Originally Posted by meynaf
When it's not maths, then it's code.
Which one do you prefer ?
I will always prefer code.

Quote:
Originally Posted by meynaf
Oh, it sure gives all the details, but it doesn't explain anything.
That surely doesn't make it any easier. I wonder why it's so hard to find good and simple documentation. Doesn't make sense. I have to say I haven't found much stuff thats any more interesting then what I already found, but I won't give up!
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Old 14 December 2007, 17:47   #15
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I will always prefer code.
So what do you think about existing code ? Very easy to read and understand, eh ? (who said no ? )

Quote:
Originally Posted by Thorham View Post
That surely doesn't make it any easier. I wonder why it's so hard to find good and simple documentation. Doesn't make sense. I have to say I haven't found much stuff thats any more interesting then what I already found, but I won't give up!
I have found some links bringing to documents you had to pay to get.
I fear there is some sort of copyright blocking free docs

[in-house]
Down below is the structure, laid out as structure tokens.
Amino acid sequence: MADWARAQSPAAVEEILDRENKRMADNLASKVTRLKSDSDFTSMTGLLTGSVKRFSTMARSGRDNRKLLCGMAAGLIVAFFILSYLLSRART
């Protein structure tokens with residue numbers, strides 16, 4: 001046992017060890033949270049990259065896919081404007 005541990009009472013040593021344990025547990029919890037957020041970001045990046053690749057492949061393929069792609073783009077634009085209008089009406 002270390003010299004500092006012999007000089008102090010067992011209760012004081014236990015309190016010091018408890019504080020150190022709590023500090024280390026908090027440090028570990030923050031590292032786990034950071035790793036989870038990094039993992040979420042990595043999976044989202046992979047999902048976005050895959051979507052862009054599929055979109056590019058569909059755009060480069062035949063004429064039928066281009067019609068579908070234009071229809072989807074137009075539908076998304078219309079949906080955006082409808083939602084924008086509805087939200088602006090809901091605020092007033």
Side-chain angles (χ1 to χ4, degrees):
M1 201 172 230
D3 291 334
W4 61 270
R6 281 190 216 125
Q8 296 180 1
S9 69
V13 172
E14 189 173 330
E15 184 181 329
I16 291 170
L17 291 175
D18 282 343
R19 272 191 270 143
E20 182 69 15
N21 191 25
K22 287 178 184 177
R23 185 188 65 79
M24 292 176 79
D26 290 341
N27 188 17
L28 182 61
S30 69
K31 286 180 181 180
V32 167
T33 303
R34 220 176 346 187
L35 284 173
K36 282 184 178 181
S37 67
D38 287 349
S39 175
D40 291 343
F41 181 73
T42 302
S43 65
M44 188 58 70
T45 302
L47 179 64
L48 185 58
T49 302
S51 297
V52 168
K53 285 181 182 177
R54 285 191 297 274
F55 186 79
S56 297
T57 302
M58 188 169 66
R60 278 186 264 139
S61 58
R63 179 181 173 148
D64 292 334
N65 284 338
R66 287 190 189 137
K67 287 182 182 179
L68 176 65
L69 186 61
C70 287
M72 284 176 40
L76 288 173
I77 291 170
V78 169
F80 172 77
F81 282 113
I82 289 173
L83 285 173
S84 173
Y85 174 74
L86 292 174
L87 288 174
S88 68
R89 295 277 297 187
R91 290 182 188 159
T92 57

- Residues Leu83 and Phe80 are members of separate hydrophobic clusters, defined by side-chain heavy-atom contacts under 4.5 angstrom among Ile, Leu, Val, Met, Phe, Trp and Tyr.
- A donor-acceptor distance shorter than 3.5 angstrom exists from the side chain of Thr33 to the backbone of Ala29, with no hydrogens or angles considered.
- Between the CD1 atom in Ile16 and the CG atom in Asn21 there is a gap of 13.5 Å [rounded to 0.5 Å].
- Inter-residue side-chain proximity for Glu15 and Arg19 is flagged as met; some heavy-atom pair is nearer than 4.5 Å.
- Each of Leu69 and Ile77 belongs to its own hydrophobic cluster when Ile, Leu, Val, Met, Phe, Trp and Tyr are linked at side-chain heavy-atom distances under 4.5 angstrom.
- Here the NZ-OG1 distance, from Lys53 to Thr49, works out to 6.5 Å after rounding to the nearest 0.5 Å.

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Old 17 December 2007, 17:07   #16
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So what do you think about existing code ? Very easy to read and understand, eh ? (who said no ? )
That depends. Your ham rendering engine was pretty easy to get the grips with, but then again it was also well documented. It's that mpega re-source that is really hard to understand: no remarks except the ones you write yourself, and not a clue about the workings of the code at all.

Quote:
Originally Posted by meynaf
I have found some links bringing to documents you had to pay to get.
I fear there is some sort of copyright blocking free docs
I found a book about mp3 on the net. Of course you have to pay to see all of it It's not as easy as I thought to find understandable and yet complete documentation about mp3. For, say, 680x0 coding this is much easier as you're just going to find the original Motorola docs! You sure picked one
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Old 21 December 2007, 12:16   #17
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I found a book about mp3 on the net. Of course you have to pay to see all of it It's not as easy as I thought to find understandable and yet complete documentation about mp3. For, say, 680x0 coding this is much easier as you're just going to find the original Motorola docs! You sure picked one
I don't remember how many docs I picked, but it sure was more than one

Quote:
Originally Posted by Thorham View Post